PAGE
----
Fully human

“Being satisfied with what we already have is a magical golden key to being alive in a full, unrestricted, and inspired way.” – Pema Chodron, Awakening Loving Kindness

real


I sit here battered and beaten. Muscles sore, hot, dehydrated. It feels as though someone has beaten me well with a rolled up yoga mat, dipped me in salt water, and left me to dry on the sidewalk.

There may be a small voice in my left knee. There’s a slightly louder one in my low back. And my mind, my mind is one that’s taking the brunt of it.

The past few months has seen a serious recommitment to physical movement. There came a point where I didn’t recognize my body anymore. Didn’t know what it could do, or what it wanted to do. We hadn’t been speaking really.

We went from feeling like strangers to having four or fives dates a week. Things got hot and heavy fast. Barre every week, to barre teacher training. One beginner ballet class, to a crash course twice a week.

I can’t tell if I’m renewing my commitment to health or if this is my mind’s way of punishing me for aging, or neglecting to take nude photos when my body was perfect. And publishing them on the Internet so I could stare at them and wonder who the hell that was.

Rebellion is present. Rebellion against stagnation, restriction, incapacity. And then rebellion again against movement and work. It comes in the form of self doubt, the sinking comfort of the couch, and glasses of red wine. I’m striving for something and then fighting against it.

I read this early this morning, on Satisfaction from Pema Chodron: “It’s very helpful to realize that being here, doing simple everyday things… Is actually all we need to be fully awake, fully alive, fully human. It’s also helpful to realize that this body that we have … And this mind that we have at this very moment, are exactly what we need to be fully human, fully awake, and fully alive.”

So all this work may not get me to some end. My body is my body. It’s getting stronger but it’s not going backwards through time. My mind is my mind. It whirls and sometimes it stops. My heart is full and it breaks. Fully human, fully awake, and fully alive.

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The Great, Big Yoga Coverup

I usually practice at home, so I don’t worry about what I’m wearing. I roll right out of bed and onto the mat. But when I do head out to a class, PJs don’t cut it. Anyone who knows me knows that I am not an exhibitionist – at all. But I am sometimes oblivious. It’s happened once or twice that I’ve lifted into down dog and had a too-loose shirt fall up over my head. Or been in cat cow and looked down to see, eek, that I’m not quite as covered up as I thought.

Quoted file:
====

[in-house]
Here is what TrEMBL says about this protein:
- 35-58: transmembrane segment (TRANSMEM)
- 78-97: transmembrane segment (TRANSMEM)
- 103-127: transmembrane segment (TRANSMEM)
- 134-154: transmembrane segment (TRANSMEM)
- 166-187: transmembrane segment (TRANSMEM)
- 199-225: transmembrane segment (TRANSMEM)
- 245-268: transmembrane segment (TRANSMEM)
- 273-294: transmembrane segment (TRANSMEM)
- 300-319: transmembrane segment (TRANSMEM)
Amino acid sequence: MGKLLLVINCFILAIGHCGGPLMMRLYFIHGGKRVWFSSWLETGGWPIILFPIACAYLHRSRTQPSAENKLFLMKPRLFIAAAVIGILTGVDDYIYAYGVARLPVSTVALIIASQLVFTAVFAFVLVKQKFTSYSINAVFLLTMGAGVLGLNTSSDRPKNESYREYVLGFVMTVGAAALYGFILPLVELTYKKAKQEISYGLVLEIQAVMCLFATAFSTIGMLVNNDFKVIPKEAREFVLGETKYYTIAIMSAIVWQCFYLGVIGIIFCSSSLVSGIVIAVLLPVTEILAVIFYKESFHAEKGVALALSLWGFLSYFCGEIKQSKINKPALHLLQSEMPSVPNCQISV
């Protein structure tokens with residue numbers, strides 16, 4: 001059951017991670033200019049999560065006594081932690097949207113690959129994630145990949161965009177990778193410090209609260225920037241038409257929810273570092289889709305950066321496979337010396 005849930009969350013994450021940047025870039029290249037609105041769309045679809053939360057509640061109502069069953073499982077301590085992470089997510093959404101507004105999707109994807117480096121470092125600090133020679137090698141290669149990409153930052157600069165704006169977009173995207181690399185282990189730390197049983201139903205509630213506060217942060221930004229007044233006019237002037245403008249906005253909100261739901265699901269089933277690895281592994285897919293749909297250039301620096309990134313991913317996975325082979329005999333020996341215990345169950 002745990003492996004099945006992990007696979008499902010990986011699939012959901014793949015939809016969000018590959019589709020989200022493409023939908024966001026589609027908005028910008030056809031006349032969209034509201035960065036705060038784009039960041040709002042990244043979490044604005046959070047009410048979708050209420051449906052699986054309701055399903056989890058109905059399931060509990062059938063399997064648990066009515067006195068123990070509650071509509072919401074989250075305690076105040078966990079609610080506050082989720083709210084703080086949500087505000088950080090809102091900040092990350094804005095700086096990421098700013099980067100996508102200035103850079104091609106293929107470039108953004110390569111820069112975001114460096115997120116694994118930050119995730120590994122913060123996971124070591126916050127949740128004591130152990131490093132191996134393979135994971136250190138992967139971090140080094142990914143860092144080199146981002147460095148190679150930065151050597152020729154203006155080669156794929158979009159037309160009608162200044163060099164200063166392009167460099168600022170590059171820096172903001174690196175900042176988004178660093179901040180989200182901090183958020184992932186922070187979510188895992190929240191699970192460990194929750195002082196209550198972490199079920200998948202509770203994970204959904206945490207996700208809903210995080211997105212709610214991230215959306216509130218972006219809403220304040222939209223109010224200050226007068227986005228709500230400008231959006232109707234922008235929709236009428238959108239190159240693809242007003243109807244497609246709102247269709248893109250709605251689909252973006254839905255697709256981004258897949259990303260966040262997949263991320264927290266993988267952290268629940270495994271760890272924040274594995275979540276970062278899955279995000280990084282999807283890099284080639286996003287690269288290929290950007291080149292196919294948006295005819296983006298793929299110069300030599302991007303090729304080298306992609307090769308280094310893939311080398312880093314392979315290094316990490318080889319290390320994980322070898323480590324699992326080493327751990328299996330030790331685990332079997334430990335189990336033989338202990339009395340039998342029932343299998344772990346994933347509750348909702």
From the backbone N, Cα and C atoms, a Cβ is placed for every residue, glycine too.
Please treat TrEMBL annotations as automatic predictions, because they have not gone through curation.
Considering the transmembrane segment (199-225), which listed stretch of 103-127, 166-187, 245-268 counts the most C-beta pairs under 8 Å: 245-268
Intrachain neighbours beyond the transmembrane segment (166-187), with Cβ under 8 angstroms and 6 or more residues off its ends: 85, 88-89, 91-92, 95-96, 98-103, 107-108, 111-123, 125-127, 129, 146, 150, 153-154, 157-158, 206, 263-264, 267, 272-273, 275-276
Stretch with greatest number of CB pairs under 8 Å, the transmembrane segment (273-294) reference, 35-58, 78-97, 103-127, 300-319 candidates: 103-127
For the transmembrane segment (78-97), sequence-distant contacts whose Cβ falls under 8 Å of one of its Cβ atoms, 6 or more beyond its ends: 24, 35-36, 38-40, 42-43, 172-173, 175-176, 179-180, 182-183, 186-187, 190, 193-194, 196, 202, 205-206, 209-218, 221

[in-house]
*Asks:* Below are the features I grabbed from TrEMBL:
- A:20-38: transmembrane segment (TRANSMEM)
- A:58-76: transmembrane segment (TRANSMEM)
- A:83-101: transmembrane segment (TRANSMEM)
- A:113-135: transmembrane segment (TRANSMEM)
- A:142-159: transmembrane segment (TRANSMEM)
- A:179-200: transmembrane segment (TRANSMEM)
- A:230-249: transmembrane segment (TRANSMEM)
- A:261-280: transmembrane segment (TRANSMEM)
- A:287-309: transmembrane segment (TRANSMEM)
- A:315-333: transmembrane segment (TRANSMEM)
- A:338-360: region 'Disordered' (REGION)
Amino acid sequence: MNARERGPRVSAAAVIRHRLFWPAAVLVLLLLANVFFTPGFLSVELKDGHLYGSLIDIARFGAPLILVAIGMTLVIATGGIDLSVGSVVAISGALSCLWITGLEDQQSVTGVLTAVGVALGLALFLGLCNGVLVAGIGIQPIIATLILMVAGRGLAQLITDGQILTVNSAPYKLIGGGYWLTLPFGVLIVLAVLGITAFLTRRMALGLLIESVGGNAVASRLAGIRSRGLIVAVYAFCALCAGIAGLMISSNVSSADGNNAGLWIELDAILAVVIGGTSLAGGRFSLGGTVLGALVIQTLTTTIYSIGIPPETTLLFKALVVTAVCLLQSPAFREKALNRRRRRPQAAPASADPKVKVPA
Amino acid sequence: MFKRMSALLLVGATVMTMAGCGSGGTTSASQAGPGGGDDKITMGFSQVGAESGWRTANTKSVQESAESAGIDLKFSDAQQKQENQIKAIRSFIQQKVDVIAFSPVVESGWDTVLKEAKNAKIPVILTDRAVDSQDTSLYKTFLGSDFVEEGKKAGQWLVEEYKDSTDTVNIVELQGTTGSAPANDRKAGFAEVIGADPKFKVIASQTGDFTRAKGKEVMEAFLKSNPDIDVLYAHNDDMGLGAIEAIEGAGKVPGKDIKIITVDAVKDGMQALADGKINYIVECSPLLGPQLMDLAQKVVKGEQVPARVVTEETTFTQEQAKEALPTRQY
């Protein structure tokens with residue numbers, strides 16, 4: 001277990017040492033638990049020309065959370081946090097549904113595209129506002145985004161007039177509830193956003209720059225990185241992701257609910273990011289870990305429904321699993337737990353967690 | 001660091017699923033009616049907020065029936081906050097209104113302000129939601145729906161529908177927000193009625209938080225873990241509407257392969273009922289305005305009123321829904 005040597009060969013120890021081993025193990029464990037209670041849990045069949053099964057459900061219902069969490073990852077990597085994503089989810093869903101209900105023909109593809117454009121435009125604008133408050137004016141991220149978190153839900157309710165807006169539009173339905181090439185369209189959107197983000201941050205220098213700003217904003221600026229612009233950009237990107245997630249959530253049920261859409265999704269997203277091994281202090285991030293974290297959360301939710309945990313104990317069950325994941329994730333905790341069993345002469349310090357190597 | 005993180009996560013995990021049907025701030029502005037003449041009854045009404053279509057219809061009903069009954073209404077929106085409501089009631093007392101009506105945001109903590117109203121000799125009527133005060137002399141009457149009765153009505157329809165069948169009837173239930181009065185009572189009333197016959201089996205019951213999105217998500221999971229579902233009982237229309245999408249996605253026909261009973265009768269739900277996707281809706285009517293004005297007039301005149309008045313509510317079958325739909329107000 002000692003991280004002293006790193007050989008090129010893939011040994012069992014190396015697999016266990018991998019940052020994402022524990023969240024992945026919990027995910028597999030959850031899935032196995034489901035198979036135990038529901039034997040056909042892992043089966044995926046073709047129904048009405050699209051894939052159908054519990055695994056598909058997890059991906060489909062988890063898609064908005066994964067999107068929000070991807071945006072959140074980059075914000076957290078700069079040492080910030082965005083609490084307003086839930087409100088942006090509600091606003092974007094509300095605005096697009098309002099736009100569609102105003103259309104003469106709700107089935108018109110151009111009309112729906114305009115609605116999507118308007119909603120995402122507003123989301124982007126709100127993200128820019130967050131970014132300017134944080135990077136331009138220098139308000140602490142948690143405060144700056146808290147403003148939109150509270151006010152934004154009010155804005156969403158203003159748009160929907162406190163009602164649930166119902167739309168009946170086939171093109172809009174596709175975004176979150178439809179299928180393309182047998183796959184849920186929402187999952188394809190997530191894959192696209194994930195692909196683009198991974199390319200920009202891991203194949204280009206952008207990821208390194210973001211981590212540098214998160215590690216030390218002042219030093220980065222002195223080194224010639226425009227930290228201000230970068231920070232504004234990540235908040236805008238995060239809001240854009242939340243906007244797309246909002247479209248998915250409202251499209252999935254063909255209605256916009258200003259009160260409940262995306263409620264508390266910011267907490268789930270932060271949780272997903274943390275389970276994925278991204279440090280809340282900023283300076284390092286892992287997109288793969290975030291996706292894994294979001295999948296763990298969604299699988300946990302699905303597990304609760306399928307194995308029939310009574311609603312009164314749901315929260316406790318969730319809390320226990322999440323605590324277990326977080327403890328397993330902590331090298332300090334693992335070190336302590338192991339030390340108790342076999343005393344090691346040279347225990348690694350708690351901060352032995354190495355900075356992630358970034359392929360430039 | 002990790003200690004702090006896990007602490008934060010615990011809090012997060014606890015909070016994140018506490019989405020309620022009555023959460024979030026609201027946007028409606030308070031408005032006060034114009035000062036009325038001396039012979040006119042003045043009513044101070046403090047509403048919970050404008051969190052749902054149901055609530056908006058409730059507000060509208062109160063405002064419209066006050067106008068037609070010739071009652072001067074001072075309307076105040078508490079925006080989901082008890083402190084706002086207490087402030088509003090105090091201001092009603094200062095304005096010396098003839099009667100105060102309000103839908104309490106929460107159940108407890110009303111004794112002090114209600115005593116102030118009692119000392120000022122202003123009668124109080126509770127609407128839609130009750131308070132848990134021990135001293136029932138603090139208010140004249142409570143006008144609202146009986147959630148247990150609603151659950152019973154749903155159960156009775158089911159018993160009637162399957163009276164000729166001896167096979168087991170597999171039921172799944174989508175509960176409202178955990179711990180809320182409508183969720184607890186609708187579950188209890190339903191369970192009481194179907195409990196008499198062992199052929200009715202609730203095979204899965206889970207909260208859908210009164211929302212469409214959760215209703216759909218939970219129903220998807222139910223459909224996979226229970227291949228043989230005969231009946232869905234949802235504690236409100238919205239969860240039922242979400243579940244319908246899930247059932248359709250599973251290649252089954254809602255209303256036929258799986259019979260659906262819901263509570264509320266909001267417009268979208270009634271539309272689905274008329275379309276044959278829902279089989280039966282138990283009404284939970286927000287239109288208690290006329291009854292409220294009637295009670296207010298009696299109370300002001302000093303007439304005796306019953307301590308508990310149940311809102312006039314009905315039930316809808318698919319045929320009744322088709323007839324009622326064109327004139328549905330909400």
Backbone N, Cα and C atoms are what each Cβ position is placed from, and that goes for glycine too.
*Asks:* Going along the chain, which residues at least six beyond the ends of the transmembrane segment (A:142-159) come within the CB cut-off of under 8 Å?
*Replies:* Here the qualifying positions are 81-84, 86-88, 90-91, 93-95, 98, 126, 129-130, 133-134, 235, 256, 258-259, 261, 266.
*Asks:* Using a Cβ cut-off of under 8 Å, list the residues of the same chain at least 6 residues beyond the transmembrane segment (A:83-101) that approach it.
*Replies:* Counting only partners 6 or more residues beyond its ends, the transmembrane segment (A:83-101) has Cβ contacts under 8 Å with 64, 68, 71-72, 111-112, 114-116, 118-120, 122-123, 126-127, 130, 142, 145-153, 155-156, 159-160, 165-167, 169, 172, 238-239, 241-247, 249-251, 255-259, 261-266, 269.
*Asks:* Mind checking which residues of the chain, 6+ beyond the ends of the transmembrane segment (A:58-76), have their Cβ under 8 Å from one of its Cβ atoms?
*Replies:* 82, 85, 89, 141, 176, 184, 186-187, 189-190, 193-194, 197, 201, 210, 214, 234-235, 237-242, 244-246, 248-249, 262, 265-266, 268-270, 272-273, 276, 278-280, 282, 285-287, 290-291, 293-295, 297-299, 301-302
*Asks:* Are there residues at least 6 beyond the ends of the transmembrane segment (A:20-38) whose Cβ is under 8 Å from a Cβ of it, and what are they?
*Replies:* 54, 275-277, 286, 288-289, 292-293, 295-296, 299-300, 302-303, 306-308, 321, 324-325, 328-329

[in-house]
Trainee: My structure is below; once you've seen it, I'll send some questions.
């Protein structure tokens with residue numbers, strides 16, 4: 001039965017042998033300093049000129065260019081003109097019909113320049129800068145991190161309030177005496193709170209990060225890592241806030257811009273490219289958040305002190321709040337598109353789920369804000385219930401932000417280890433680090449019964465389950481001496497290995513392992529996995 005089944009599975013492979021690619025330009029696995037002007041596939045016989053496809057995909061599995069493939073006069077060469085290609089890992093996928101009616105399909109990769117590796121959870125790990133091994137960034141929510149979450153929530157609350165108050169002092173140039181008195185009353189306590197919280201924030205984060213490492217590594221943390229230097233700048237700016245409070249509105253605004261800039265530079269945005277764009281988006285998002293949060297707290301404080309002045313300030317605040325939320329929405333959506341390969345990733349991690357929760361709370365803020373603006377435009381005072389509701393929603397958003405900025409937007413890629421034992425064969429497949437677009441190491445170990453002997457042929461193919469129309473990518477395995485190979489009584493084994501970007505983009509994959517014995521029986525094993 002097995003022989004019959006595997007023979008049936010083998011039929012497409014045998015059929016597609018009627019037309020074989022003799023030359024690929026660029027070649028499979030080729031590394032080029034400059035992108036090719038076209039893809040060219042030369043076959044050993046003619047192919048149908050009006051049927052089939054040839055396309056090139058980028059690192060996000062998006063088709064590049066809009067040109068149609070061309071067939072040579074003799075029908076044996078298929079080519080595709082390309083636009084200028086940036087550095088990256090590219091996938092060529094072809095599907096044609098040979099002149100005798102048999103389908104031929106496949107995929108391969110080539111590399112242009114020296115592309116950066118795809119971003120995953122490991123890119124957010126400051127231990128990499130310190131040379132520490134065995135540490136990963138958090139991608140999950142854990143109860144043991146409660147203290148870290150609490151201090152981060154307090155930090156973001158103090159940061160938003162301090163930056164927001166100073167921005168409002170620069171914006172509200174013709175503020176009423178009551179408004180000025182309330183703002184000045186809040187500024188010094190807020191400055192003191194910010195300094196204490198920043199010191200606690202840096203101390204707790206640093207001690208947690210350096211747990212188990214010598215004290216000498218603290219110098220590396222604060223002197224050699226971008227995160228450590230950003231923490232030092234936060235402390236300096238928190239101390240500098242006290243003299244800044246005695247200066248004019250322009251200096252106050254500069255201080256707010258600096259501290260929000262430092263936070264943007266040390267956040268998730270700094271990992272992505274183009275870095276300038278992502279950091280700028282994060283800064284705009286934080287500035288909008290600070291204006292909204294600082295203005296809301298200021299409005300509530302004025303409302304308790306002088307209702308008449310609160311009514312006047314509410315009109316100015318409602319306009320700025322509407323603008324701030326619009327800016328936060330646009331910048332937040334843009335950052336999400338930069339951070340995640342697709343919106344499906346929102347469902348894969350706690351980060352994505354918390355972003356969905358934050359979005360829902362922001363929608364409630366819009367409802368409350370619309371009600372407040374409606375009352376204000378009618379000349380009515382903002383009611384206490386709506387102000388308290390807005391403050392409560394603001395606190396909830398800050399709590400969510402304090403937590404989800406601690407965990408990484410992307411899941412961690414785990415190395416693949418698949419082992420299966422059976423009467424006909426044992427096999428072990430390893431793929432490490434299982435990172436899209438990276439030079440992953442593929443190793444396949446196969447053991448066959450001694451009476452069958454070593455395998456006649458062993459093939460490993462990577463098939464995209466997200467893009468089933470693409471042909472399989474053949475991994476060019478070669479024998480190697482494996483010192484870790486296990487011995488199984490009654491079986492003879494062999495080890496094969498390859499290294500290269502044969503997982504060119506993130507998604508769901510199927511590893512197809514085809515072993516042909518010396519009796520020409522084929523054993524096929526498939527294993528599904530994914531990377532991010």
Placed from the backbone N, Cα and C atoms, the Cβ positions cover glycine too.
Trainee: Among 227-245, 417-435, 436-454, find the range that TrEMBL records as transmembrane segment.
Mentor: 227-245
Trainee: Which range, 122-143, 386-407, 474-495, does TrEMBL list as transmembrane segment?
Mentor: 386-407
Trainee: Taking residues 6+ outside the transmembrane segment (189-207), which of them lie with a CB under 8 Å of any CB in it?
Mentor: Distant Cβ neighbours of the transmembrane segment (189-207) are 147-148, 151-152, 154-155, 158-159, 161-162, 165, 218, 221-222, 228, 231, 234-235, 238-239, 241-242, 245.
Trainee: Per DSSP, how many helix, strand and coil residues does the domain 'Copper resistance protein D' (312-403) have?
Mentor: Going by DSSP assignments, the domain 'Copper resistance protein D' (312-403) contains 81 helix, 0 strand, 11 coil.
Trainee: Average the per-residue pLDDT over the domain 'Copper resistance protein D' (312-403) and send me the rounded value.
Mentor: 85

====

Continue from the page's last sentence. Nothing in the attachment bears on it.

It’s good to be conscious of coverage as a student, but even more important as a teacher. More often than not, I err on the side of my clothes being too boxy and loose. I’m more comfortable, but the students can’t see the shapes my body is making during posture demonstrations.

What about you? Have you ever been mid-class and wished you could cover up?

This non-cleavagey image is from Yoga Prevention. Trust me, I thought about going another way with the imagery for this post. But I just couldn’t do it! Just google yoga and cleavage if you absolutely have to. I did.

Yogi Media

The mixed messages we yogis send ourselves can juuuust about be summed up in this little screengrab. 

I’m not suggesting that one of these articles is less valid than the other. I’m just noticing the juxtaposition: One article questioning the yoga-body-ideal, and one reinforcing it.

I mean, listen, I WANT to demean the Aniston article. And granted, the YogaDorksters are KIND OF for sure (ed note: see Yoga Dork comments below) winking and nudging the stereotype. But, seriously, I hate all the hotness sometimes. And the talk of hotness. I would love to take a break from reading and thinking about body image. And focus instead on what amazing things my body can do. Or how about the BORING topic of what yoga does for the mind, the emotions, the heart and soul? Which is where all the deep beauty really is for me.

Yoga lets me go deep. And stand strong, and cry and take flight. And it doesn’t matter if there’s a jelly roll over my lululemons when I do it. Not one little bit. When I am feeling transcendental and buzzing from the vibrations in my body, I couldn’t care less what the outside looks like.

Listen, I get it. I skip the meditation articles in Yoga Journal too sometimes. I flip to the pictures of the pretty lady. I’m human like that.

And I’d be a hypocrite if I didn’t admit to envying those “yoga bodies” out there. Even if they are only a small percentage of the population. I want to make the outside look as amazing as yoga makes me feel on the inside. But I sometimes wish that was an instinct that wasn’t so consistently reinforced by seemingly everything around me. (And if you think I’m too high and mighty to put ‘celebriyogi’ in my post tags, you are mistaken.)

And, as another side note, when we talk about the “yoga body” let’s not forget that what we’re REALLY talking about is the American ideal – with or without yoga. Because until recently the ideal yoga body was one of a 14-year-old Indian boy.